Binion’s Horseshoe Casino in Las Vegas is one of the most famous casinos in the world. It is the cumulative work of Benny Binion. He took chances that his peers were afraid to make and with his Texas grit and eager vision, he helped shape the way Las Vegas is run to this day.
Binions Horseshoe - Source: Las Vegas & Poker Born in Texas in 1904, Benny Binion spent most of his life around gambling circles. In his twenties, he ran a numbers racket in Dallas. He also engaged in bootlegging and had several run ins with the law. In the 1930s he started illegal craps games and soon after, Benny Binion’s outlaw reputation grew. Although he was illiterate, Benny used mostly his brawn to muscle people around. At one time in his life, he would become a suspect in seven murders in Texas. Although convicted for shooting a man in 1931, he never served any time behind bars.
In the mid 1940s, the sheriff who Benny Binion supported lost a local election. Without any political protection, he had to skip town. He relocated to Las Vegas, Nevada and became partners in the Las Vegas Club. After clashing with the other partners on the casino’s betting limits, he left and purchased the El Dorado Casino which he later renamed “The Horseshoe.” The infamous Apache Hotel that sat on top of the casino was also acquired and became a part of The Horseshoe.
The Horsehoe quickly became popular because it was the only place in Las Vegas where players could place big bets. Eventually the other casinos gave in and raised their betting limits in order to compete with The Horseshoe.
Benny was also an innovator. Most of his ideas, which were frowned upon at the time by his competitors, have become the standard practices today in running casinos all over the world. Benny understood people very well. He knew that if he made gamblers feel happy, then they would keep coming back regardless of how much money they lost. Binion’s was the first casino to install carpeting and give out free drinks to players. He started the tradition of picking up guests in limousines at the airport. He began comping low limit players and made the nickel slots players feel as important as the high rollers. He also had one million dollars on display in the lobby for everyone to see. That became a hit and an instant tourist attraction.
Benny ran into some tax problems with the government and spent three years in federal prison. He was forced to sell his stake in The Horseshoe. His family eventually reclaimed full ownership in the 1960s. In 1964 Benny renovated The Horseshoe, which included adding the now recognizable neon façade.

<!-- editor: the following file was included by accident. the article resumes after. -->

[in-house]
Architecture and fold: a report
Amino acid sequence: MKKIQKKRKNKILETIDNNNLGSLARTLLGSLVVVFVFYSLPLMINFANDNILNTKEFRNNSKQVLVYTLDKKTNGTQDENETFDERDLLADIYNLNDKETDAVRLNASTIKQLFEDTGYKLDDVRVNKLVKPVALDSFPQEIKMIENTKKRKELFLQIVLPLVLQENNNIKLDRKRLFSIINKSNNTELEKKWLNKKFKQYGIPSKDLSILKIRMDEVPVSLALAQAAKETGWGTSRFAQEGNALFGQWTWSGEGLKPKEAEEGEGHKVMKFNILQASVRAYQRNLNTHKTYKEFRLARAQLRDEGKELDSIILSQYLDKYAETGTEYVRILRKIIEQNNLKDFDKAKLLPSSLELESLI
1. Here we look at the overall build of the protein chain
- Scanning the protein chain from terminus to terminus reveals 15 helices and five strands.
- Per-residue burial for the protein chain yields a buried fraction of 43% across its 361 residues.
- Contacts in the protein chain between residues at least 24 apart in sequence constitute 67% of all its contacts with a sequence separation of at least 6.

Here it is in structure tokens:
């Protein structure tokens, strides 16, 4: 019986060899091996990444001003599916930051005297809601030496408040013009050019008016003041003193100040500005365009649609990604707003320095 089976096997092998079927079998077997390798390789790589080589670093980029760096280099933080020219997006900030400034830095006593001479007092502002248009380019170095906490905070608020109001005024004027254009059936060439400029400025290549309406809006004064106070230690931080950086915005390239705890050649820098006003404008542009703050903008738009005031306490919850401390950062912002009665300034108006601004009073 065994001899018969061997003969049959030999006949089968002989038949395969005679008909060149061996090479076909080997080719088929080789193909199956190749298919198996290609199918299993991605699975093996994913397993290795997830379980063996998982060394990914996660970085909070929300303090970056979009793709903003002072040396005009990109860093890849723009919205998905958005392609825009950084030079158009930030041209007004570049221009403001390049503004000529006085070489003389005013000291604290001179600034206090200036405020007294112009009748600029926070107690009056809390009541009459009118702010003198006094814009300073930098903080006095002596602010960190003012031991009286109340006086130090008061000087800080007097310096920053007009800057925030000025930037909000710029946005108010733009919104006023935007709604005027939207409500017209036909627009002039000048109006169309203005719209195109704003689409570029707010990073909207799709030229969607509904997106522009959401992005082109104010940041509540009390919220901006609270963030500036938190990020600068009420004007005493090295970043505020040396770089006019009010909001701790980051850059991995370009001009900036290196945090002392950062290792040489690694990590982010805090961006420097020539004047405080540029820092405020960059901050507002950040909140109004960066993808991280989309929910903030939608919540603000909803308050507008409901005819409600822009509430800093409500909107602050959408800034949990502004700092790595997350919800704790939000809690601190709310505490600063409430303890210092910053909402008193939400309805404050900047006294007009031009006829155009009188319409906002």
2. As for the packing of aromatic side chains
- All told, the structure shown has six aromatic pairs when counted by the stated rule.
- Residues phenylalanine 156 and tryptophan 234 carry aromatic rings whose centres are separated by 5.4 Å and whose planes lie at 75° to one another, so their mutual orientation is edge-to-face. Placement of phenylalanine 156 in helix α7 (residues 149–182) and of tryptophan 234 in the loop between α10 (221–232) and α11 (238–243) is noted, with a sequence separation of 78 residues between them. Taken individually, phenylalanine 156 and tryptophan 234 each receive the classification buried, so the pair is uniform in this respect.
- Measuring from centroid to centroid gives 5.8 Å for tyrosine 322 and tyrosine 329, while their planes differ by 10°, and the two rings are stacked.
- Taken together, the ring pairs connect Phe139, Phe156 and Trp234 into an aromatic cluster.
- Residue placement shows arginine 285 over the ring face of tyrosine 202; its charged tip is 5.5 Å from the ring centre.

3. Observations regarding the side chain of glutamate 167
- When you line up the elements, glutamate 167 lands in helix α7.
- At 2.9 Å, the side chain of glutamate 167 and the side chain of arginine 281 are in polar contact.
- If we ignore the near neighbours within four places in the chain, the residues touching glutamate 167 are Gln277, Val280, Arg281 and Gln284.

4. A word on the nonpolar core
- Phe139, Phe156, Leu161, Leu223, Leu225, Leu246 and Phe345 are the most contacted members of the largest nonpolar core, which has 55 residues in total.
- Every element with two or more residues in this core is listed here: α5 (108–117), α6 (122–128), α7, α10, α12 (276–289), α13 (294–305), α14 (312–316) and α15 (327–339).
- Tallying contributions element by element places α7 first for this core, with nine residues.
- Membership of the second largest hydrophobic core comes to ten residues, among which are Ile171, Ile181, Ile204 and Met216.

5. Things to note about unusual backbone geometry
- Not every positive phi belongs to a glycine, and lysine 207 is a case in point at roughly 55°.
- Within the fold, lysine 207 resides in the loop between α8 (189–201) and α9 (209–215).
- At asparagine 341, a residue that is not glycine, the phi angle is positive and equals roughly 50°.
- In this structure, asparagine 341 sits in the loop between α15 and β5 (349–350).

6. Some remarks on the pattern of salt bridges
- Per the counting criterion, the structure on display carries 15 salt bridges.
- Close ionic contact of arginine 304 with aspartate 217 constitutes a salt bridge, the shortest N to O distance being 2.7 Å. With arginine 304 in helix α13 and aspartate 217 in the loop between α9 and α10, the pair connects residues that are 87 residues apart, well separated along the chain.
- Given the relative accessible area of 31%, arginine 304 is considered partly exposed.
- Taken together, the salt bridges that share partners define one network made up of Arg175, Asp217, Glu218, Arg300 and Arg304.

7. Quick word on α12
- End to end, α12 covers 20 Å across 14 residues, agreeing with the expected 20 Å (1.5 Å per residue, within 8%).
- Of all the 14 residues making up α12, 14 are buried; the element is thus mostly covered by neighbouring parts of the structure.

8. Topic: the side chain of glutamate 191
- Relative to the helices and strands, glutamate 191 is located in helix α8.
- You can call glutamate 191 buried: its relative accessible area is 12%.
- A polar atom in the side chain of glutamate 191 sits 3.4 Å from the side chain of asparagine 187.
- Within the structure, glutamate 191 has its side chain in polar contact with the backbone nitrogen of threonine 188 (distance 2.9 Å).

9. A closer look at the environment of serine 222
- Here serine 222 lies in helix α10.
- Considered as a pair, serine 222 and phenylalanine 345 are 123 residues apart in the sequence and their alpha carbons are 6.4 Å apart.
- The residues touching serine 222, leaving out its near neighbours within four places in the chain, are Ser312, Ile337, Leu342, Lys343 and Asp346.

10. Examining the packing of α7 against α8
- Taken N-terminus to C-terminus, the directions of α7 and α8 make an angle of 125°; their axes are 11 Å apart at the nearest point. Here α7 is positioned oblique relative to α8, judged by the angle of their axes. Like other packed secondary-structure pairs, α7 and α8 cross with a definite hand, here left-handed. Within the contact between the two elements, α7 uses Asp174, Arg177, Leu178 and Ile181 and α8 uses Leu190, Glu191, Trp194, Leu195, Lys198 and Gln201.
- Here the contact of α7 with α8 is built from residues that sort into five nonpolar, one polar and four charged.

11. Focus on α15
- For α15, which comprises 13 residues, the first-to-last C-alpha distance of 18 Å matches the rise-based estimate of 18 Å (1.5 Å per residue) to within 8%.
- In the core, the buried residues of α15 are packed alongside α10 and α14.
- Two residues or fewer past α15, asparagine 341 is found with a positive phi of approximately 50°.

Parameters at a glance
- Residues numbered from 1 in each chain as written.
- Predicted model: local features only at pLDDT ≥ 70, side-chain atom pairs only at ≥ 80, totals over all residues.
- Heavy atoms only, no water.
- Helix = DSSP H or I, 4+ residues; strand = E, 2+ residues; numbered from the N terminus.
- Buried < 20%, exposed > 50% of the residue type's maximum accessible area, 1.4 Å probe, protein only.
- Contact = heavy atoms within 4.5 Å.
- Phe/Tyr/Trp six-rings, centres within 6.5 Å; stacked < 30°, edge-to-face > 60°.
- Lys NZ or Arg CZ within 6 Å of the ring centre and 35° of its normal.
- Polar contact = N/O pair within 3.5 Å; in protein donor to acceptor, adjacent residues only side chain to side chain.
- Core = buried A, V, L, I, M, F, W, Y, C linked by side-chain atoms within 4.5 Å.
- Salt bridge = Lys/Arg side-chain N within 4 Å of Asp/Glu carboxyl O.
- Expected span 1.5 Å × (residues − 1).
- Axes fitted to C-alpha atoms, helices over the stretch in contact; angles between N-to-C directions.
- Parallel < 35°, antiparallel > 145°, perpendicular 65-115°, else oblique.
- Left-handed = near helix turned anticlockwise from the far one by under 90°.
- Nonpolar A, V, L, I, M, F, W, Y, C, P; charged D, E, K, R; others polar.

Poker had always been a major part of The Horseshoe’s history. In 1949, Benny hosted the big game between Nick "The Greek" Dandalos and Johnny Moss. The two played Five-card Stud, heads up everyday for five months in the lobby in front of the public. After winning close to $4 million, Nick the Greek uttered his most famous words, "Mr. Moss, I must let you go."
In 1970, Benny Binion started the World Series of Poker. There were only eight players in the inaugural event that was won by Amarillo Slim. Every year thereafter, the field would grow. Little did Benny know that in the upcoming decades, The Horseshoe would host the world’s most famous poker tournament. In 2004, first place paid over $5 million with over 2,500 players from around the world participating.
Although part of the charm of The Horseshoe is its intimate feel, it had a difficult time competing with the bigger casinos. In the 1980s, the newer casinos on the Las Vegas Strip took away a lot of business from The Horseshoe and other downtown Fremont Street casinos. In order to expand, Benny acquired the Mint Casino next door, which also included a luxury tower hotel.
Benny died on Christmas Day in 1989. The Horseshoe was a family-run operation and his children quickly took over. Benny had introduced his sons Jack and Ted into the business years prior. His wife also kept an eye on the books. His daughter Becky Behnen took control after his death. His oldest son Jack moved out to Mississippi to work on casinos in the East. His other son, Ted, was involved in a bizarre murder. The trial became a media circus and was chronicled in the book Positively Fifth Street by James McManus.
By 2004, Becky Behnen had allowed The Horseshoe to fall deeply into debt. The IRS closed the doors in early 2004. Harrah’s Entertainment purchased the bankrupt Binion’s Horseshoe and acquired the rights to the World Series of Poker. The doors reopened in April of 2004 a few weeks before the largest poker tournament in history would begin.
The Las Vegas we know today is due to the vision and hard work of Benny Binion. With the heart of a true Texas gambler, he took risks and chances that a lot of other businessmen would never consider. One has to wonder that if Benny had never left Texas perhaps Las Vegas never would have evolved into what it has become, and we might never have heard of the World Series of Poker.